To this must be added an important distinction between the earlier and latter prophets. The earlier prophets, such as Elijah, were men of action. There is no "book of the Prophet Elijah"; men like Elijah and Elisha entered into literature as heroes of stories others narrate. But the latter prophets like Isaiah and Jeremiah without ceasing to be men of action are also men of letters. Thus for these latter prophets there is a double function. To their own generation they, like their predecessors, are leaders of national action. But beyond this function, their literary gifts have fitted them for a wider and perpetual audience. The same spiritual message they have fitted to day by day passing emergencies, they now convey through these other literary channels to succeeding generations.

This double function of the latter prophets has a bearing upon the interpretation of prophecy. As an illustration, consider the first chapter of Isaiah. We call it a discourse. But in what sense is it a discourse? If it be read side by side with one of the orations of Deuteronomy, a great difference will be found. In every sentence of the latter we are conscious of the presence of a great audience, and the influence of an audience upon a speaker. The oration was actually spoken by Moses to an assembly of Israelites. In the chapter of Isaiah we have impassioned oratory, but without anything to suggest a visible audience or a particular occasion. The matter of this chapter will no doubt have been used by Isaiah on ffty or a hundred occasions, in whole or in part, in formal address or passing remonstrance, as he labored, in season and out of season, in his prophetic vocation. The content of the chapter is something different-the essence of the message, the concentration of these multiplied prophetic ministrations, stripped of what is accidental or occasional has adapted itself to a different literary type and become universalized in its appeal. And what is true of so simple a thing as discourse is yet more true in application to the more elaborated prophecies of the nature of rhapsodies and doom songs. This should be specially borne in mind when studying the "Rhapsody of Zion Redeemed"-a happily phrased caption Moulton gives to the last twenty seven chapters of Isaiah.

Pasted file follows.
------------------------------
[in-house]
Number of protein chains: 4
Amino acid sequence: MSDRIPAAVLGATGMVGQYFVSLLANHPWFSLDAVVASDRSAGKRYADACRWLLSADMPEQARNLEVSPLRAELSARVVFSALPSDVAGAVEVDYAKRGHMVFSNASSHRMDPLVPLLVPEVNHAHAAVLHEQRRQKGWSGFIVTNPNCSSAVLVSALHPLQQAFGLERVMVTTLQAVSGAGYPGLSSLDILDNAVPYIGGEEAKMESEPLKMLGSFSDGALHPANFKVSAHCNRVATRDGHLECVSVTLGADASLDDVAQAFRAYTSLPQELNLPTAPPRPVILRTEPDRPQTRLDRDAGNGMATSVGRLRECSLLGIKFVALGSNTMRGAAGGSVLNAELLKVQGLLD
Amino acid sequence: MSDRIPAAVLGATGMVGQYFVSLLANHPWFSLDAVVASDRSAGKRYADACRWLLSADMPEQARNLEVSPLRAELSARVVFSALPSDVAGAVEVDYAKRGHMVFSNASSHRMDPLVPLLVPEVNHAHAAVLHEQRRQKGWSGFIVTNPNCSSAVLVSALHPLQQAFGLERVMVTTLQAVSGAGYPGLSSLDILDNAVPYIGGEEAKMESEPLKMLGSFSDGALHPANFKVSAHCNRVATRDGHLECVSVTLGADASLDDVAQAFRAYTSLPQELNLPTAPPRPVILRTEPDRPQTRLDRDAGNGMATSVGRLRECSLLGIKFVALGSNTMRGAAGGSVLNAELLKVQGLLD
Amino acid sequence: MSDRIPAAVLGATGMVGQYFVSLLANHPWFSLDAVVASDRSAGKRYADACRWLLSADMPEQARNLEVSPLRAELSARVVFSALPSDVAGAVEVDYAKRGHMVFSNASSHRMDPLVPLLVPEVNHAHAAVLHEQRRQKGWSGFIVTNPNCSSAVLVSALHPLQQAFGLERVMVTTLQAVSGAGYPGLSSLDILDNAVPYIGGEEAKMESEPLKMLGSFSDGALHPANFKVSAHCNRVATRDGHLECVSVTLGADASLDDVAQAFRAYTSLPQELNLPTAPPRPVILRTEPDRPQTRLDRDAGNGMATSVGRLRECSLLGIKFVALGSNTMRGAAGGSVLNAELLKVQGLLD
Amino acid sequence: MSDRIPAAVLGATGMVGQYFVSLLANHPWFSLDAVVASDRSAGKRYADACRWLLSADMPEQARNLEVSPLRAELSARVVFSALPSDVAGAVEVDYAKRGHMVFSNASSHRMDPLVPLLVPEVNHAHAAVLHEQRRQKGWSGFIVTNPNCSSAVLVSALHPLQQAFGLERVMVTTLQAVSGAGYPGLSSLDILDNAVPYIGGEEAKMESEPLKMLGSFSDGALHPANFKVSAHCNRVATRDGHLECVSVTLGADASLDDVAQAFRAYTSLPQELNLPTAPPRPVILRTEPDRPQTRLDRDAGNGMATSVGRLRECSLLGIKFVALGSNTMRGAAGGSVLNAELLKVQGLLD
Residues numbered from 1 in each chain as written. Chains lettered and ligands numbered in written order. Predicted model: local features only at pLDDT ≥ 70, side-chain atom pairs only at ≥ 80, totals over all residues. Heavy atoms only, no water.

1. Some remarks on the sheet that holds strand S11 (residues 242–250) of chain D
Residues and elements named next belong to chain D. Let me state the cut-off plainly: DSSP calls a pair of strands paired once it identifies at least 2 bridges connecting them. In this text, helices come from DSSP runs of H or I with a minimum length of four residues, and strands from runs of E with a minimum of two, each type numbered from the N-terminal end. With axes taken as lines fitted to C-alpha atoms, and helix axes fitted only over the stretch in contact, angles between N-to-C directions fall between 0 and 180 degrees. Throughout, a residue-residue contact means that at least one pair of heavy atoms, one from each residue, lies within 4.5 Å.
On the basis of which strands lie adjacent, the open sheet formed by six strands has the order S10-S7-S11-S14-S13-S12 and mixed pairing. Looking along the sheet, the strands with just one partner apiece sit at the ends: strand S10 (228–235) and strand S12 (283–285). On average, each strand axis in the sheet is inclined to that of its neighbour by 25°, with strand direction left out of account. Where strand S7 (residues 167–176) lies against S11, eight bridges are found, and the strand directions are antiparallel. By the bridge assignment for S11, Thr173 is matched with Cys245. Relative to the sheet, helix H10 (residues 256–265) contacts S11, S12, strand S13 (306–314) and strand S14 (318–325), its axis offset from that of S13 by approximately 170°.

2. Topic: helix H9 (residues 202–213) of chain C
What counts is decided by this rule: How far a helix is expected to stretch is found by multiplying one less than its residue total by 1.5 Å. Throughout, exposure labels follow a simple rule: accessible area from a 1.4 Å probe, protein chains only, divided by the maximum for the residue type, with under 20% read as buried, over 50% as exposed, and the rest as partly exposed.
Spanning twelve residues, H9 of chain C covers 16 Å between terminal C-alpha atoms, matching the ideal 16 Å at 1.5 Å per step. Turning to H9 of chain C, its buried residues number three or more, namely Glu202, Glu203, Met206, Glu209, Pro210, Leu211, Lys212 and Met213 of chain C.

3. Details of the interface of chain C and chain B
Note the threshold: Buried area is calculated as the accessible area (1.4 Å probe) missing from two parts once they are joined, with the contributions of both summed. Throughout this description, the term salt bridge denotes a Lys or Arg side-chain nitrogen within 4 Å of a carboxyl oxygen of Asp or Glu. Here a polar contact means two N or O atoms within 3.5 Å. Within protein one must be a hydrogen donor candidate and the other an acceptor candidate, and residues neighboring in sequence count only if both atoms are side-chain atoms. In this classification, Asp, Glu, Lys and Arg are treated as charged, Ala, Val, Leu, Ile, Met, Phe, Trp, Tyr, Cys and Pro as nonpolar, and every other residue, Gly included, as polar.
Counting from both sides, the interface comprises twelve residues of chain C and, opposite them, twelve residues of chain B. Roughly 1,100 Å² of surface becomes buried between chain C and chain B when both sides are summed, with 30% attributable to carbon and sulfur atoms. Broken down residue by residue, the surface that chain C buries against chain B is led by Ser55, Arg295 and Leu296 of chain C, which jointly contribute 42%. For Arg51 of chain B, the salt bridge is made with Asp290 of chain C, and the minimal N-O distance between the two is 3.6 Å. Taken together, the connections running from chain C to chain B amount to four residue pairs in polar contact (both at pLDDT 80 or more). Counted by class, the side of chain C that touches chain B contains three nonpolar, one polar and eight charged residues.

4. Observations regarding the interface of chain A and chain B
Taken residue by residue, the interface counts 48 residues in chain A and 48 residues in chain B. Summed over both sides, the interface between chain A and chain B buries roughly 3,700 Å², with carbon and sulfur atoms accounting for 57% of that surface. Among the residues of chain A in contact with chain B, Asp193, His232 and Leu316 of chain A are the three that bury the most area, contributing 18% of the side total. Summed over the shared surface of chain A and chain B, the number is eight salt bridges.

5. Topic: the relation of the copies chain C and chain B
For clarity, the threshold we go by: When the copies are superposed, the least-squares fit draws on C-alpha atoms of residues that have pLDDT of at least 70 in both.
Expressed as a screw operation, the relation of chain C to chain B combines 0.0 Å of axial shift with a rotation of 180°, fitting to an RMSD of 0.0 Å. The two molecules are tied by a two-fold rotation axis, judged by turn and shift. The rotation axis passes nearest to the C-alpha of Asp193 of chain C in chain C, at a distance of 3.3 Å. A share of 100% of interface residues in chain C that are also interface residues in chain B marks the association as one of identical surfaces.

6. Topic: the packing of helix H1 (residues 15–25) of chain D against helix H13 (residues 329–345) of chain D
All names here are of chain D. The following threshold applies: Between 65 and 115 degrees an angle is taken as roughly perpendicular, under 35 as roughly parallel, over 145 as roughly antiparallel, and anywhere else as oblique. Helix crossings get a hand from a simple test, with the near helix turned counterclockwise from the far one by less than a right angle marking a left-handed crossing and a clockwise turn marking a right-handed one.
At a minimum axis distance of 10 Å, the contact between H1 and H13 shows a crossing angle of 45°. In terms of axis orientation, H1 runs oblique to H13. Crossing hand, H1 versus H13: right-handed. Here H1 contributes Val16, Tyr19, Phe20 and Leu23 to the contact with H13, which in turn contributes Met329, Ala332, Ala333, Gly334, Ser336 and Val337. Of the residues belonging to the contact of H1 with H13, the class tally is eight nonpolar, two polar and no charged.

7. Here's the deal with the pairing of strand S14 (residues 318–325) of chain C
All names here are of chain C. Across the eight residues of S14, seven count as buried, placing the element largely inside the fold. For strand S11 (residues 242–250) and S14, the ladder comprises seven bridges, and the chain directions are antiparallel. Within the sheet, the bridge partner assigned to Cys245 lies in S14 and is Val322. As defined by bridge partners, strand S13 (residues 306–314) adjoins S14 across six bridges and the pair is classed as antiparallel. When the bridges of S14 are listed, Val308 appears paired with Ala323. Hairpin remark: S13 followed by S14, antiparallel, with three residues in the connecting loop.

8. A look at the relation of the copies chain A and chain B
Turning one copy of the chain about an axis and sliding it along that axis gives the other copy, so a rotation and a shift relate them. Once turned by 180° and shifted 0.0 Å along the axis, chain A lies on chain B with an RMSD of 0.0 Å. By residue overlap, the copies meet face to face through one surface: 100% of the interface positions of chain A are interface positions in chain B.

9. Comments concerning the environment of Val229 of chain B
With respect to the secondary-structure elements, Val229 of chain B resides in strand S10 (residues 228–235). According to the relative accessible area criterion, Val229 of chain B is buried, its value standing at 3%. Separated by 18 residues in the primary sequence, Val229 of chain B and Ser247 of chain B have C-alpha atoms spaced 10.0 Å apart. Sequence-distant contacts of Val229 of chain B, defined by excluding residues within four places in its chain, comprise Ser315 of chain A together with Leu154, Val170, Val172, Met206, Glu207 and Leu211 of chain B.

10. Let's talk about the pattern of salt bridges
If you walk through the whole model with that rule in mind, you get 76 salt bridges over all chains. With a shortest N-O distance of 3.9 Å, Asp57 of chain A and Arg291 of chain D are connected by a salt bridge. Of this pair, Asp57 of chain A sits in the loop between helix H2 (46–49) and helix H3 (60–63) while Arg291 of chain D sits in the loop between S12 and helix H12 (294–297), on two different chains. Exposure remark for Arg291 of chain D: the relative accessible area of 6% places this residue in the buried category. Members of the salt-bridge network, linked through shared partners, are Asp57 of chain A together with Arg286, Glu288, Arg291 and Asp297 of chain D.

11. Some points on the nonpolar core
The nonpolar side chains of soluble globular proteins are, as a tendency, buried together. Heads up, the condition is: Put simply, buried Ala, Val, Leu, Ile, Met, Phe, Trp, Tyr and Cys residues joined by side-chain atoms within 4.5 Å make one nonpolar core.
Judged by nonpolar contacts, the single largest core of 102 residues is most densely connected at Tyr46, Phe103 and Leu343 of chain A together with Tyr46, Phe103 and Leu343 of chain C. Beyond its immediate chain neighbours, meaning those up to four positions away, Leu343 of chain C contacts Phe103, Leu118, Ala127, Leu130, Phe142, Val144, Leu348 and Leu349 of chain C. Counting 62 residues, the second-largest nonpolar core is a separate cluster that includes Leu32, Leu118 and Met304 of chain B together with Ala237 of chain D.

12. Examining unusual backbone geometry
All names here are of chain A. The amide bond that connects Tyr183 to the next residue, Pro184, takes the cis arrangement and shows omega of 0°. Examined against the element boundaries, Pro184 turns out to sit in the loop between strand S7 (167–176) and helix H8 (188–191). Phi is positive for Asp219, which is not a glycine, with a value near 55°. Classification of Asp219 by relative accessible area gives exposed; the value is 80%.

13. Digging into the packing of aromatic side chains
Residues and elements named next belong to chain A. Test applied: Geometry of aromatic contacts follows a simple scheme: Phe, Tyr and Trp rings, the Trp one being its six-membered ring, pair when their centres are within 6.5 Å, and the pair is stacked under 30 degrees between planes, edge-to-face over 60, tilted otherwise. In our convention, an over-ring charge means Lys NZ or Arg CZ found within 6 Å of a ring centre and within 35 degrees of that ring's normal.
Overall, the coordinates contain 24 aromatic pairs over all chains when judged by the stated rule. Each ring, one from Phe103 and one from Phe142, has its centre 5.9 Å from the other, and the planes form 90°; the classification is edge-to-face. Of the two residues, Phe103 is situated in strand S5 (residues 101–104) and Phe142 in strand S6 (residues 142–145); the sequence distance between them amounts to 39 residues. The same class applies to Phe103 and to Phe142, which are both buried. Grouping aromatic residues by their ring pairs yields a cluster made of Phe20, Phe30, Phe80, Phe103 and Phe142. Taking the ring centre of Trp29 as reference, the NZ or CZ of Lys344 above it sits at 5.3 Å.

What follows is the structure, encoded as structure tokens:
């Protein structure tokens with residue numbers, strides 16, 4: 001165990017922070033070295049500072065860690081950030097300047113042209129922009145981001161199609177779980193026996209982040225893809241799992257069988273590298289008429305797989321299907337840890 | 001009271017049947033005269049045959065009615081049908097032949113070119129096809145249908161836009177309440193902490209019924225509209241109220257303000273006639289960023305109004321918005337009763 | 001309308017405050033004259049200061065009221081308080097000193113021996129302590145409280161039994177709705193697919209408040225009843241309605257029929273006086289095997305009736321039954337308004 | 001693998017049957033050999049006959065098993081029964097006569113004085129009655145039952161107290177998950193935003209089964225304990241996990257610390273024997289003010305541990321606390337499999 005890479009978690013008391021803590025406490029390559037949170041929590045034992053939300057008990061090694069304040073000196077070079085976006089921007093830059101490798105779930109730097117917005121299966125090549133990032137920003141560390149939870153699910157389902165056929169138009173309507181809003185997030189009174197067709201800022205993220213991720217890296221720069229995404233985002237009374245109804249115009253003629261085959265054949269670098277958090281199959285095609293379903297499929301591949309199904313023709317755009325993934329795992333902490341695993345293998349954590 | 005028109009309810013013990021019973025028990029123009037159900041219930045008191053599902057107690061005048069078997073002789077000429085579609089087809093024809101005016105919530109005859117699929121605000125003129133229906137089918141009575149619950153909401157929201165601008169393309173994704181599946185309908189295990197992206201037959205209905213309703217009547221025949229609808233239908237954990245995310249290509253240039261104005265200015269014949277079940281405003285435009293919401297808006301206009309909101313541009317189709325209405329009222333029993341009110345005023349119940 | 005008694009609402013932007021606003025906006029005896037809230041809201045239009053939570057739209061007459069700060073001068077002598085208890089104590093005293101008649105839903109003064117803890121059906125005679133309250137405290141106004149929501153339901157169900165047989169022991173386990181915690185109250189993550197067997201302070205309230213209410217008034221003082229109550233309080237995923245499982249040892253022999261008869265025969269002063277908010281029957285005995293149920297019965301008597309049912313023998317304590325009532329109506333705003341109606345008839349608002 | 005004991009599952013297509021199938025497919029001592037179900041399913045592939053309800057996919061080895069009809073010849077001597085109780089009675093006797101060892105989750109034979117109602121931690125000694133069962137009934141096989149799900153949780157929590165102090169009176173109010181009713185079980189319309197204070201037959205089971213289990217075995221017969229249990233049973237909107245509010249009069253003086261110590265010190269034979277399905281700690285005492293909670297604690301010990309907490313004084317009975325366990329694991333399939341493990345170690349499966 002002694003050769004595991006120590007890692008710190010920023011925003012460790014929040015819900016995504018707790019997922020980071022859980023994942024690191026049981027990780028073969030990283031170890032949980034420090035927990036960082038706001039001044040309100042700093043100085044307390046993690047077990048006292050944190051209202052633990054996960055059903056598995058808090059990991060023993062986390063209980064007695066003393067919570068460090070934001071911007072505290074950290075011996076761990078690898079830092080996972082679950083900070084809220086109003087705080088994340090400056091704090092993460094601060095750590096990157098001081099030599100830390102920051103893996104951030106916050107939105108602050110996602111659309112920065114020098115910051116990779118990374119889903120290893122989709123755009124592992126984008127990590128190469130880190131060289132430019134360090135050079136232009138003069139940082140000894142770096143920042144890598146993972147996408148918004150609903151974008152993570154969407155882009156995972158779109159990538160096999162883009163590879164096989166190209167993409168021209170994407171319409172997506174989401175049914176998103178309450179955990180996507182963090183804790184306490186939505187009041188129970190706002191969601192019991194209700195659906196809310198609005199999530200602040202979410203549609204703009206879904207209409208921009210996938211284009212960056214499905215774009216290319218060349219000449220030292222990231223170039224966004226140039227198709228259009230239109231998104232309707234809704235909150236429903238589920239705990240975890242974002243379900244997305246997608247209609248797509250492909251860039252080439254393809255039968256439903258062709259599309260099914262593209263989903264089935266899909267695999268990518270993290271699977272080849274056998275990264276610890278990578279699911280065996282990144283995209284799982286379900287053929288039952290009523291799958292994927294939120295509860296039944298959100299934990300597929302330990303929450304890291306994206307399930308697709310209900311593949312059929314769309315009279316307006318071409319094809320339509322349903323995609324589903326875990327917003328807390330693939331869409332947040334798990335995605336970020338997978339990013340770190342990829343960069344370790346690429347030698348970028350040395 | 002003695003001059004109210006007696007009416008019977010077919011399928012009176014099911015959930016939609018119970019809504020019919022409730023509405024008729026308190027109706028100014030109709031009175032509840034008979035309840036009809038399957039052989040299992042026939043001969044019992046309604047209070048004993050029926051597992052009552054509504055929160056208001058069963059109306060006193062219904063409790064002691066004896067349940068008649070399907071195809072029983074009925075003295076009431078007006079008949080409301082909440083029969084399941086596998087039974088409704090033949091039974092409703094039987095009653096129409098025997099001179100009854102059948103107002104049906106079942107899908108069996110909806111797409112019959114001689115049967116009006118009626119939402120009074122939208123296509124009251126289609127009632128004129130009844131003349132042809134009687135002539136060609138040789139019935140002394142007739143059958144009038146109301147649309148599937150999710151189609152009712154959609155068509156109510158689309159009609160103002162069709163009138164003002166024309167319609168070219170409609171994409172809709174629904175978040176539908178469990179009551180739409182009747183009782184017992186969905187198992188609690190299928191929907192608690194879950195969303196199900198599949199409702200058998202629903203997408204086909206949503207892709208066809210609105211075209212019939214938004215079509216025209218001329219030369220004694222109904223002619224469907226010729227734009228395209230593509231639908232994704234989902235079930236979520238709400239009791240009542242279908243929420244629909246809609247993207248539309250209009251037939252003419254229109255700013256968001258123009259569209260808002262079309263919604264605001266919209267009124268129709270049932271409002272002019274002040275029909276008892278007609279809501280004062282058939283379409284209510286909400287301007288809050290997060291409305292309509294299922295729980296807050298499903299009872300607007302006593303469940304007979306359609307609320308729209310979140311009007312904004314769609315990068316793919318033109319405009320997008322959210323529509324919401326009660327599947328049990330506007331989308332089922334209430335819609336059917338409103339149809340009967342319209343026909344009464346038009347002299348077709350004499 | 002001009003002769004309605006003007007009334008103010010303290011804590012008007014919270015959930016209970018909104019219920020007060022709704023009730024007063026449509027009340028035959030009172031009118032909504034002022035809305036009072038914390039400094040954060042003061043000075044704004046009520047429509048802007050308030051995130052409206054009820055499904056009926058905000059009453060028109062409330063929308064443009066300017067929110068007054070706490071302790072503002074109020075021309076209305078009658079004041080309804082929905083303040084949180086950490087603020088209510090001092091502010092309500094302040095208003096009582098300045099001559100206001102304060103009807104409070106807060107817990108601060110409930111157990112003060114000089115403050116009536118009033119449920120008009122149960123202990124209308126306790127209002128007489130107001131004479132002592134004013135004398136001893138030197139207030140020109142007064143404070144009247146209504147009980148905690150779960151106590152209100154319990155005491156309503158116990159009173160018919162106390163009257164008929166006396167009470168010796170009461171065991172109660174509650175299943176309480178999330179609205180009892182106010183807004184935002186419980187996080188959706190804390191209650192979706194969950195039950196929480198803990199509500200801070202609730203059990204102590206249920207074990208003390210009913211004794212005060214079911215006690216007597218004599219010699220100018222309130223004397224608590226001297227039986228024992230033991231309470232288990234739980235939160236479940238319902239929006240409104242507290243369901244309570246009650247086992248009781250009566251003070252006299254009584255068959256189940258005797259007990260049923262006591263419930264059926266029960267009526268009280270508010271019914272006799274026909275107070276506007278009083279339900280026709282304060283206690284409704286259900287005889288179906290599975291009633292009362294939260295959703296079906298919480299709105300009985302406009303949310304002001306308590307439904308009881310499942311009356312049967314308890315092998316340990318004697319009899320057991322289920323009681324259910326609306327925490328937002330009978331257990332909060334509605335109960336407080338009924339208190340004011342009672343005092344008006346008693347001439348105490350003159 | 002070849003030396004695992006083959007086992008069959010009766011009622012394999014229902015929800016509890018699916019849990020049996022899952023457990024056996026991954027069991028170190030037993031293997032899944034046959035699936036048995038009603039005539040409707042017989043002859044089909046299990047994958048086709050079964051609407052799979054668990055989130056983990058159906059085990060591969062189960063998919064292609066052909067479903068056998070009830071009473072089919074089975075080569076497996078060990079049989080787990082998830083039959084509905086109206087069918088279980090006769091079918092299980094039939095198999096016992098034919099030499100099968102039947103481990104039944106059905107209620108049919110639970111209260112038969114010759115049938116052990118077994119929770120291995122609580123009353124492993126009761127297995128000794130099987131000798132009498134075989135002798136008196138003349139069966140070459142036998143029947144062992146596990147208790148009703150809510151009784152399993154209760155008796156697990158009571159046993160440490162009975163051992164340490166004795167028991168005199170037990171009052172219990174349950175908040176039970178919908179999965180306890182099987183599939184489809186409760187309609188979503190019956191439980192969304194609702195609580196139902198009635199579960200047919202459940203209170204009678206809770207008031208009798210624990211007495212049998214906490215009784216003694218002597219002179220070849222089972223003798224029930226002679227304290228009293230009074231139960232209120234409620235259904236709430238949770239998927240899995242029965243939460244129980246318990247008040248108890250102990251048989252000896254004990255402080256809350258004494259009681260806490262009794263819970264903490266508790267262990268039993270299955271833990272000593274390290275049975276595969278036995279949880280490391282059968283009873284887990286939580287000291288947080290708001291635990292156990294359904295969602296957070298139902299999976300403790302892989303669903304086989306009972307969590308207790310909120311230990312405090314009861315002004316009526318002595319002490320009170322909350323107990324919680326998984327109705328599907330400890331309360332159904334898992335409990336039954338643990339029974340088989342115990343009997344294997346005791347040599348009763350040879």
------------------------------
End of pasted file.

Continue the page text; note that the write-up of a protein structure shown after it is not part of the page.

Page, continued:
Much of what we have presented foregoing applies equally to the New Testament prophets. An instructive paragraph from Scripture Studies, Vol. VI, page 246, is in point here. We quote:

"The word `prophet' is not generally used today in the broad sense in which it was used in olden times, but is rather understood to signify a seer, or foreteller. The word prophet, however, strictly signifies a public speaker=an orator. A seer of visions or a recipient of revelations might also be a prophet, in the sense of a declarer of same; but the two thoughts are distinctly separate. In the case of Moses and Aaron, Moses was the greater, being the divine representative, and the Lord said to him, `See, I have made thee a god [mighty one or superior] unto Pharaoh: and Aaron thy brother shall be thy prophet'-spokesman, mouthpiece' (Exod. 7:1). . . . Several of the Apostles were seers in the sense that they were granted a knowledge of things to come . . . they were nearly all prophets, too, that is public orators-especially Peter and Paul."

The meaning of the word does not change even when applied to our Lord. Moses had spoken of the prophet like unto himself which should arise (Dent. 18:15, 18; Acts 3:22); when our Lord came, the people said of him: "This is of a truth that prophet that should come into the world" (John 6:14). In the exercise of his office as prophet, our Lord represented-was truly in the stead of, the spokesman, the mouthpiece, or word of God. As Brother Russell points out in the Manna for September 25, even now our Lord "gives us, as our Prophet or Teacher, wisdom by his Gospel."

It is in this same sense of forthtelling, expounding, instructing (rather than foretelling) that the word applies to the great Prophet of the age to come. Of that Prophet our glorified Lord Jesus is to be the Head, the glorified church, the bodymembers. For ourselves, we may give thanks that the privilege is still ours of making our calling and election sure to membership in this company; for the world of mankind as a whole, we may rejoice at their prospect (all unbeknown to them, but nevertheless sure) of being granted an opportunity for deliverance from present sin and death conditions to everlasting life in the millennial Canaan to which this great Prophet shall lead them.

P. L. Read

Israel--What Next?

And the LORD has declared this day concerning you that you are